Members of our supply chain organization conducted our Survey and followed-up with suppliers as needed.  Individual buyers were tasked with communicating with the suppliers that served their respective business units. Our 2015 Survey process included the follow-up procedures listed below:

  • Step 1 – Within one week of sending the Survey, buyers phoned their suppliers regarding the importance of completing the Survey in a timely manner;
  • Step 2 – If a Survey response was not received from a supplier after three weeks, the buyer sent an e-mail reminder to the supplier regarding the importance of completing the Survey in a timely manner;
  • Step 3 – If a response was not received from a supplier within six weeks after the e-mail reminder, the buyer sent a second e-mail reminder to the supplier; and
  • Step 4 – If a response was not received from a supplier within two weeks following the second reminder e-mail, the buyer followed up with both the supplier and the supplier's management, expressing the importance of completing and returning the Survey.

We conducted our Survey, which covered all purchases made during 2015, in the first quarter of 2016. We received responses from approximately 93% of the suppliers surveyed.  With respect to the 7% of suppliers that did not respond to our Survey, we do not have information regarding whether conflict minerals are contained in the products those suppliers provide to us or, if present, the source of those conflict minerals.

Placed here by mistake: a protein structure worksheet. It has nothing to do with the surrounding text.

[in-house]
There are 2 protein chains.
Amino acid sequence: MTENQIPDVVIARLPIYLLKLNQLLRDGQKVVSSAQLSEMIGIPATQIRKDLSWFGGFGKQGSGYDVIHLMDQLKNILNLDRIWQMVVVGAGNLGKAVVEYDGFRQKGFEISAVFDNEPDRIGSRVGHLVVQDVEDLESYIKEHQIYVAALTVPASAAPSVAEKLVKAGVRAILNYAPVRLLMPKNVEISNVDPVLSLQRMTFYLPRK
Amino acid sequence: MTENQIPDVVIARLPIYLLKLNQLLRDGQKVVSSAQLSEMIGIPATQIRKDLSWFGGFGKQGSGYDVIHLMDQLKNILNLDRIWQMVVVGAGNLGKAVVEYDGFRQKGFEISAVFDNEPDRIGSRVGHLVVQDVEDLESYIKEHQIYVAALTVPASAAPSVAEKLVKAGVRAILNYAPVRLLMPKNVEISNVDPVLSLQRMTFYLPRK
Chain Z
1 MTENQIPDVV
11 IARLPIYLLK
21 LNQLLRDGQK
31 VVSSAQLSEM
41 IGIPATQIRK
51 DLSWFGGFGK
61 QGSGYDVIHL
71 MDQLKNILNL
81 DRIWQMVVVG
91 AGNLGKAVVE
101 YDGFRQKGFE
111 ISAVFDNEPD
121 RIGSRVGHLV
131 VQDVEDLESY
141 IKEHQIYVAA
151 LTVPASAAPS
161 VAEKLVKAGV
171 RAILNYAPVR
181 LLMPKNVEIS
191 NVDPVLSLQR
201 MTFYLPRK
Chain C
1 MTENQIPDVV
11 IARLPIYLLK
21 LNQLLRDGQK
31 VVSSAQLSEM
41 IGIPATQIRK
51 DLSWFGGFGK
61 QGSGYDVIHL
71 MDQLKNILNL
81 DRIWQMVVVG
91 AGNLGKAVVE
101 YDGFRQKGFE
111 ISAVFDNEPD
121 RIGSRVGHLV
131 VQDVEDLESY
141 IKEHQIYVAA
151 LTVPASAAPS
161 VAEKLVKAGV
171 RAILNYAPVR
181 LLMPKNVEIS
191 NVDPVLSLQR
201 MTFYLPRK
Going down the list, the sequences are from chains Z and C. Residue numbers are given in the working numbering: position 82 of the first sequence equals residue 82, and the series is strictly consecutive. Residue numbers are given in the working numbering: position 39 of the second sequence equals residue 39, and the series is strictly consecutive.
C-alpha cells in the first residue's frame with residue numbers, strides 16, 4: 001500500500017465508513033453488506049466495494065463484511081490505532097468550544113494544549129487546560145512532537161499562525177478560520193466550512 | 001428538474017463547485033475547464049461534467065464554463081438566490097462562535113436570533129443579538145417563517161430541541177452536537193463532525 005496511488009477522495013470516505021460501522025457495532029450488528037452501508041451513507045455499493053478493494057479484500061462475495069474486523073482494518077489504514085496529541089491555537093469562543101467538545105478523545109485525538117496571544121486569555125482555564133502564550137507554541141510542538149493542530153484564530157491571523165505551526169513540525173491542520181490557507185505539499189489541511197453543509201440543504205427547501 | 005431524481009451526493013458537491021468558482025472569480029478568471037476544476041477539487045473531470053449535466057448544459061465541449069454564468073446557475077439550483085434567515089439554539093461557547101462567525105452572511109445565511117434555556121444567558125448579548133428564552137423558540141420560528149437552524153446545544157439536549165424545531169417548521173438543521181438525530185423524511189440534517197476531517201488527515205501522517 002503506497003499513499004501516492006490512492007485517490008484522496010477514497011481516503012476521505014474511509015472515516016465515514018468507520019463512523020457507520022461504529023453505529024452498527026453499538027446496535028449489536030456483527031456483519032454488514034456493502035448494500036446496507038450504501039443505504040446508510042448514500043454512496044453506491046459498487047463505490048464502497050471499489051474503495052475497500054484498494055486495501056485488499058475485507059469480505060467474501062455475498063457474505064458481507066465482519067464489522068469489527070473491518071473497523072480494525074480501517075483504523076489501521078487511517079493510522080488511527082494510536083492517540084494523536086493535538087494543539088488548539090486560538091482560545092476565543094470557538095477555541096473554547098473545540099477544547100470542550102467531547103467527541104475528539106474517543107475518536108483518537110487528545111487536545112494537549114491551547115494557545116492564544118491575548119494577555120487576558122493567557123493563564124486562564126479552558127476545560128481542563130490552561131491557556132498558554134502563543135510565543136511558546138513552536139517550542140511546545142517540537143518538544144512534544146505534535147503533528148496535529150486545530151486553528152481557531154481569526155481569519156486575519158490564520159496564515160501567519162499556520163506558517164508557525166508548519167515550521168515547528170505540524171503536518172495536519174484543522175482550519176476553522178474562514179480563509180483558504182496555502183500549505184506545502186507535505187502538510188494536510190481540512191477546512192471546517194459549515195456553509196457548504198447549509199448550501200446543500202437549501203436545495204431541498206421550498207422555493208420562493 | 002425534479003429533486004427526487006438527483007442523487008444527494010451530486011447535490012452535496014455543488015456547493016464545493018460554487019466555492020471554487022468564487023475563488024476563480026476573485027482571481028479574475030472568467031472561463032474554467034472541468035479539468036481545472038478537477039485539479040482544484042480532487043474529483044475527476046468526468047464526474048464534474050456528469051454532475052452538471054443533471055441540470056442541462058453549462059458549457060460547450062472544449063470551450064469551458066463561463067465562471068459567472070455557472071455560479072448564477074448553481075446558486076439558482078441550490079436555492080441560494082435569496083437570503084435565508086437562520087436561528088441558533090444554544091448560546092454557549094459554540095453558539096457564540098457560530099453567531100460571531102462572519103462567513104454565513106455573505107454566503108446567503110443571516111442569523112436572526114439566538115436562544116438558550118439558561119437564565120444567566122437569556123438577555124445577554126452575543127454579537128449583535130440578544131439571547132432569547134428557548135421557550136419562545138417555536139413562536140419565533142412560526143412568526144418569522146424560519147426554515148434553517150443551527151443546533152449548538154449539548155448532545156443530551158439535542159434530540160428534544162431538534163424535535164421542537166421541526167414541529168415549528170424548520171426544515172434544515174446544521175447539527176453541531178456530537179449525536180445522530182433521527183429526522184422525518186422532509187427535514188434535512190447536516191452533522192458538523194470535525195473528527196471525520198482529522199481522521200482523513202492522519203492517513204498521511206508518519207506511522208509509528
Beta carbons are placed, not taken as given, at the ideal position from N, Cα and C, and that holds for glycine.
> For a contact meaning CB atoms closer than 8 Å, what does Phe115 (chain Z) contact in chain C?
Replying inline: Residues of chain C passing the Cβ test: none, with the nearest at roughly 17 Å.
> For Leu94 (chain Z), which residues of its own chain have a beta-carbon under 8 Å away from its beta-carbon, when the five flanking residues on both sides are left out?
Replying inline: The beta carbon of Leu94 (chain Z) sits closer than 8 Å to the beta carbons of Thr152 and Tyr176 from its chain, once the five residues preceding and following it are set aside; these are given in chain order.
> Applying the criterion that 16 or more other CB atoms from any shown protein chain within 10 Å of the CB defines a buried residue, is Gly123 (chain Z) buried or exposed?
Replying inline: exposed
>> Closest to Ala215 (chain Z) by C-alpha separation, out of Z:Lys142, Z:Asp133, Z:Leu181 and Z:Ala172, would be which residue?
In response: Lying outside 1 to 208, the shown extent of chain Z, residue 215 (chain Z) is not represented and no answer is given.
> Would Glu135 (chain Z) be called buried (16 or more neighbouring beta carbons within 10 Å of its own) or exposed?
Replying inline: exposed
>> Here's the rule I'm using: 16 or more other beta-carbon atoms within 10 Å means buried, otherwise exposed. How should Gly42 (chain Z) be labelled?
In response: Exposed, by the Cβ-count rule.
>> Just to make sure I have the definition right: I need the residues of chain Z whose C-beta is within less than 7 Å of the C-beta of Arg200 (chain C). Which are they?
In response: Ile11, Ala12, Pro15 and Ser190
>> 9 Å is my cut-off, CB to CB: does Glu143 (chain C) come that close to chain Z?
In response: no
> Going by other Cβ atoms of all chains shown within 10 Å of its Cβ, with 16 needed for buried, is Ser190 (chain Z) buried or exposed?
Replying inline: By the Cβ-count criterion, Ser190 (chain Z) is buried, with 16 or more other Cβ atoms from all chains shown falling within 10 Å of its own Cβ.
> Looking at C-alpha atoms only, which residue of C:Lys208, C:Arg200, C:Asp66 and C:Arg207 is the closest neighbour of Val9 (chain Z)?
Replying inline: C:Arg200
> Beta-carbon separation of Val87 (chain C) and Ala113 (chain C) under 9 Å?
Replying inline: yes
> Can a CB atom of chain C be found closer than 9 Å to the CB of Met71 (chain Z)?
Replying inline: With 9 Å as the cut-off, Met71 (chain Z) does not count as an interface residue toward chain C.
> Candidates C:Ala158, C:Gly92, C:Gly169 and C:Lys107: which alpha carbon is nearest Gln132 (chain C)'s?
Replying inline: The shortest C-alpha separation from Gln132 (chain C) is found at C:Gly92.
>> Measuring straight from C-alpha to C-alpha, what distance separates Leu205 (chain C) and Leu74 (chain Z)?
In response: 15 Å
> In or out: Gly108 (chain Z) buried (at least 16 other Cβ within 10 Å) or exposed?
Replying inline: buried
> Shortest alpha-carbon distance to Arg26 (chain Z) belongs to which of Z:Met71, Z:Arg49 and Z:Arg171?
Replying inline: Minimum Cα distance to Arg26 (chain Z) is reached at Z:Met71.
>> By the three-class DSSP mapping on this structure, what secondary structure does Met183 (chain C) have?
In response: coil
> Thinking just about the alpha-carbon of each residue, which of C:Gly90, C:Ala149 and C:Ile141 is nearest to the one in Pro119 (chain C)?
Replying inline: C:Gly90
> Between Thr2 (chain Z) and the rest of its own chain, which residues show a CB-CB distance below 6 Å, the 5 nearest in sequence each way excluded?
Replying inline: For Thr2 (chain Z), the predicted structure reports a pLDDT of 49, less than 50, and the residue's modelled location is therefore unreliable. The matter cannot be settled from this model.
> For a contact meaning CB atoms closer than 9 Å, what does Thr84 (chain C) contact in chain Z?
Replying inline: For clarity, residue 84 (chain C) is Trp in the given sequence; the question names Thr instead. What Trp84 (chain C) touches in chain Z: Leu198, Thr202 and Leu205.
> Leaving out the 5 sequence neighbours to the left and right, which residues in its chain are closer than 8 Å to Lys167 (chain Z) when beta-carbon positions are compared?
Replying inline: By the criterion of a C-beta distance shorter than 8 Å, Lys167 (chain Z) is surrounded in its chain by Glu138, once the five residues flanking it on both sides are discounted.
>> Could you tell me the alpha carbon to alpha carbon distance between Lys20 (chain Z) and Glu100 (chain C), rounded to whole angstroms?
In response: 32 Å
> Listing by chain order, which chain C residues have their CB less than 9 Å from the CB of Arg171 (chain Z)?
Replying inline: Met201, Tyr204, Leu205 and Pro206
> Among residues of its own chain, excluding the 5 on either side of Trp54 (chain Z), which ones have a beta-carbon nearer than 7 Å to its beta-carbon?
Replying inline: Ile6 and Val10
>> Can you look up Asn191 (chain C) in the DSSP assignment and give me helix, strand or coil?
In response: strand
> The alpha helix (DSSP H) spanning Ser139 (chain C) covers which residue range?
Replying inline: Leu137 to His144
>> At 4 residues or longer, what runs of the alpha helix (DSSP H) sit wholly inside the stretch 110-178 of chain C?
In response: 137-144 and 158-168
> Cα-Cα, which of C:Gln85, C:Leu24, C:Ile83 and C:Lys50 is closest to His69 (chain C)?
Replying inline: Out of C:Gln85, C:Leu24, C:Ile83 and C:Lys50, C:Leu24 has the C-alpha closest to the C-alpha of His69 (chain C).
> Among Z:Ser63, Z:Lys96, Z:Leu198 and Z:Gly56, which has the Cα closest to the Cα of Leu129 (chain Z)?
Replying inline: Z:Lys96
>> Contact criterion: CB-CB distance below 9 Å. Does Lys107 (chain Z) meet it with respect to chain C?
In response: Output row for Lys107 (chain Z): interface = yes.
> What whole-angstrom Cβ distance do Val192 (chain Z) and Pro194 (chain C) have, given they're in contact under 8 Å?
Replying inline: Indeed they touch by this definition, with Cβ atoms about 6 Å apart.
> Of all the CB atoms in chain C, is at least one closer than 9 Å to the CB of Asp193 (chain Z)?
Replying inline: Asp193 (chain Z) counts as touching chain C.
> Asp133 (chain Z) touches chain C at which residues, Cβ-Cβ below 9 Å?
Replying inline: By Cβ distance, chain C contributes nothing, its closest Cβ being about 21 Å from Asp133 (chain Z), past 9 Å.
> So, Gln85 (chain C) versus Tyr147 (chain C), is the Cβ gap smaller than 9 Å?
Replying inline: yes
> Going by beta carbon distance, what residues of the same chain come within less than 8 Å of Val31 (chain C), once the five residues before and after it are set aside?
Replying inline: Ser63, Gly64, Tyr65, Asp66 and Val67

We asked each supplier whether the supplier:

  • Has a conflict minerals reporting policy;
  • Implements due diligence measures for conflict minerals sourcing;
  • Requests that its suppliers complete conflict minerals reporting surveys;
  • Verifies due diligence information obtained from its suppliers; and
  • Is subject to the conflict minerals rules. 

Designed and Implemented Strategies to Respond to Identified Risks

The Company’s buyers were responsible for overseeing the completion of the Survey for each of their supplier relationships.  The results were loaded into our database and reviewed by our sourcing function management. The head of our sourcing function reviewed the results weekly with the buyers and met periodically with the conflict minerals team.  The conflict minerals team then met with members of senior management to discuss the Survey status and results as well as issues, if any.